Archive for Friday, February 6, 2004

Highway Patrol lieutenant pleads for changes in child seat-belt law

February 6, 2004


— Children 8 years old and younger who weigh less than 80 pounds would be required to use a booster seat when riding in a motor vehicle under legislation considered Thursday by a Senate committee.

The bill also requires children between 8 and 18 years old to wear a seat belt, regardless of whether they're in the front or back seat. Current law requires children under 4 years old to use a booster seat, and those between 4 and 14 to use a seat belt in the front or back seat.

Kansas Highway Patrol Lt. John Eichkorn told the Senate Transportation Committee that seat belts designed for the comfort of adults don't fit small children. Under Kansas law, children are required to use seat belts between the ages of 4 and 14, even though the seat belts don't fit.

"On average, about two times a week we get a phone call from the public asking what the law says about child restraints," Eichkorn said. "They think the law is what is best going to protect their child."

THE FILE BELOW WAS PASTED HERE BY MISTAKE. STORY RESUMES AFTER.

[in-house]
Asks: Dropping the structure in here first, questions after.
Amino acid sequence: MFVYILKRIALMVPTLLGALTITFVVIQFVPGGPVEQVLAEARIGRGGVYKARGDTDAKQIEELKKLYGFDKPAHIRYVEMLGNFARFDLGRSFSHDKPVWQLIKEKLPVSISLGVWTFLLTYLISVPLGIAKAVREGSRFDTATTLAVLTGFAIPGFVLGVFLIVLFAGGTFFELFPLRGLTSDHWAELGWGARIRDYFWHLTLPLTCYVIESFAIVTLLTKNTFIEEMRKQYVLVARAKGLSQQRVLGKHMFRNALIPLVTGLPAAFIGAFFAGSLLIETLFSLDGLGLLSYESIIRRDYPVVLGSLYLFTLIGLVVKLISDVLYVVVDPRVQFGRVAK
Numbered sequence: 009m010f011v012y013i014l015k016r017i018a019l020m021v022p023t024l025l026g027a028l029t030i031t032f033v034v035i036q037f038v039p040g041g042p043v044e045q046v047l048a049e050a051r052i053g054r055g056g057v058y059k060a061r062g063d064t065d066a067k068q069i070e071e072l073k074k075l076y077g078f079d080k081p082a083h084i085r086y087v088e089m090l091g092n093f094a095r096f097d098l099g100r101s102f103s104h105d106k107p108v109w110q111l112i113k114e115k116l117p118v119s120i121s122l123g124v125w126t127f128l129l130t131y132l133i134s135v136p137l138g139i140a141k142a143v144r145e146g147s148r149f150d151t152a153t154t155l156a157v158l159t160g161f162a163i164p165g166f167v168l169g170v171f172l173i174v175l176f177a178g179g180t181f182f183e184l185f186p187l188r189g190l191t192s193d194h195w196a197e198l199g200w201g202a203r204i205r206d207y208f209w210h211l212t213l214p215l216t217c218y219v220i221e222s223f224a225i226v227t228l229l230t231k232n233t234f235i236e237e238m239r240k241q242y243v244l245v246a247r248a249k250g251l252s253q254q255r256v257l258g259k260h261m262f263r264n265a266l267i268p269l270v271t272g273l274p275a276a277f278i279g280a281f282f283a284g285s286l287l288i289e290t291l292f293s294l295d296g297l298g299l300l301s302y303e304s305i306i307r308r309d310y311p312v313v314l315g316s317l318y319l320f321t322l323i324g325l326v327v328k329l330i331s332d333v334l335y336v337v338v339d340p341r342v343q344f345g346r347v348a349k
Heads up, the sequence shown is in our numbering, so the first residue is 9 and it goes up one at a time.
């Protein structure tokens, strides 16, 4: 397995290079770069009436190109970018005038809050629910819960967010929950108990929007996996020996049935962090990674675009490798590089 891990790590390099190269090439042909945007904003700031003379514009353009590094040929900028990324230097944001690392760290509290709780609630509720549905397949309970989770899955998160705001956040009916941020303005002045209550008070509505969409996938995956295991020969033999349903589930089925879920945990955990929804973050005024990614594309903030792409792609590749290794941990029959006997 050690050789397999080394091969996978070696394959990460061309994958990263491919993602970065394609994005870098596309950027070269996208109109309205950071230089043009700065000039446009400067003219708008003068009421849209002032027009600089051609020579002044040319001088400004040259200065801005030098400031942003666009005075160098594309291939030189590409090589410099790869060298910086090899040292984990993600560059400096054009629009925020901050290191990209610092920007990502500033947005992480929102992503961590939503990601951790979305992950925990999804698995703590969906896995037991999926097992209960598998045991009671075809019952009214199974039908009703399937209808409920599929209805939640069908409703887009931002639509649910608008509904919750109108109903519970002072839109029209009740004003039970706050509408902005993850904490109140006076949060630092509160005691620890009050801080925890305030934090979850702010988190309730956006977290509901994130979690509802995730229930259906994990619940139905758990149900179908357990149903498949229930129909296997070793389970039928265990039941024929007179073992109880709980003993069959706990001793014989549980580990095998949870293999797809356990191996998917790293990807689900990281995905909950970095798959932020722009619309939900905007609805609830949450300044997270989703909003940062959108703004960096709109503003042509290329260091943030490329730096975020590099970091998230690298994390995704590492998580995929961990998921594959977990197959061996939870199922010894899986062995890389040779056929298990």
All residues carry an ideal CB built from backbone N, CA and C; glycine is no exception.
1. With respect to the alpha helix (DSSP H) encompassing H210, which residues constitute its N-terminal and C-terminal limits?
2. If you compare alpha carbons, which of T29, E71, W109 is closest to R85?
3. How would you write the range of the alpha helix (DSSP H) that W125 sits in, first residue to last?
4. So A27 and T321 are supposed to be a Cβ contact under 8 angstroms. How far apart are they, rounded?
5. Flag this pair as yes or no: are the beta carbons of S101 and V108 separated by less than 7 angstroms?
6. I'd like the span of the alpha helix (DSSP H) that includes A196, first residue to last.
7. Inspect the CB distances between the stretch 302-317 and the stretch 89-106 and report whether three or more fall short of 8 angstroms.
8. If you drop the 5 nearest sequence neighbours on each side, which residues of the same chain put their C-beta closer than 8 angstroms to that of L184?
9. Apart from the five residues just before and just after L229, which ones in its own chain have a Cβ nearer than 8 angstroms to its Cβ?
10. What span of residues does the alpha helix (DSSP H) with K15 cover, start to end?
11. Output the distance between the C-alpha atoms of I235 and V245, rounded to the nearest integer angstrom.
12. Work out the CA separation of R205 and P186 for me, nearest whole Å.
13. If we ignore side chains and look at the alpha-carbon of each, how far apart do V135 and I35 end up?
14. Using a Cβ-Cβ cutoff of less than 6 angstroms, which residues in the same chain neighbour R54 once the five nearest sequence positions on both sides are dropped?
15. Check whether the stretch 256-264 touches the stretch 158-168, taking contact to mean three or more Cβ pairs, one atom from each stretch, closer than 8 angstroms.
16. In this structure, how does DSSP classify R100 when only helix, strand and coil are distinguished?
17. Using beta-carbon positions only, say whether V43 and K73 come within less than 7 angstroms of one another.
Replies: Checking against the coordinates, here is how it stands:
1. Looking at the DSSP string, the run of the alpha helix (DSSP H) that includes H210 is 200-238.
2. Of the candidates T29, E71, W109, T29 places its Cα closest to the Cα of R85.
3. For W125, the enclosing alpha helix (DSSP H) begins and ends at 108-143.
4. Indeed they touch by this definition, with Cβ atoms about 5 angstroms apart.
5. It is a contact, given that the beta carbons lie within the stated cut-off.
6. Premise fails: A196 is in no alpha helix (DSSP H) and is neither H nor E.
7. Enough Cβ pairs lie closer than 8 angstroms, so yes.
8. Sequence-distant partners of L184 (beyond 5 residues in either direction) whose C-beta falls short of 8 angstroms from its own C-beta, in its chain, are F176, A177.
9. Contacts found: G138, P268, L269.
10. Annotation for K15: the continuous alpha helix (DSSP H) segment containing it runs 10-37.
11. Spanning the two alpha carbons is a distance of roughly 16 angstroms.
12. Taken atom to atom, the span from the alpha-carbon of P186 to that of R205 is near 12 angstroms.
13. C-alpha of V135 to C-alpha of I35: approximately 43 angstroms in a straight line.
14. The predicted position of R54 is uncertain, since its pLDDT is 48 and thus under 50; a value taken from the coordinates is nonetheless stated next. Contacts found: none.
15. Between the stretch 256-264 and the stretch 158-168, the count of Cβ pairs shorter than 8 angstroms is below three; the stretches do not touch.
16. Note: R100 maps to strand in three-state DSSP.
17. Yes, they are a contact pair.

Traci Meyer, of Emporia, told the committee that her 4-year-old daughter escaped injury in a crash last year because she was properly secured in a booster seat, even though state law allows her to use a regular seat belt.

"A recent national study found that nine out of 10 parents mistakenly believe that if they follow their state's current child passenger safety law, they will be taking adequate steps to protect their children," Meyer said.

Sen. Larry Salmans, R-Hanston, a member of the committee, said after the meeting that he had concerns about the child-restraint bill. Among those are availability of booster seats for the older children, and potential enforcement problems when people from other states drive through Kansas without the booster seats.

Improperly fitting seat belts can cause serious injuries to children in a crash, said Danielle Roeber, an official with the National Transportation Safety Board. She said children restrained in seat belts are more than three times more likely to suffer abdominal injuries than children appropriately restrained in booster seats.

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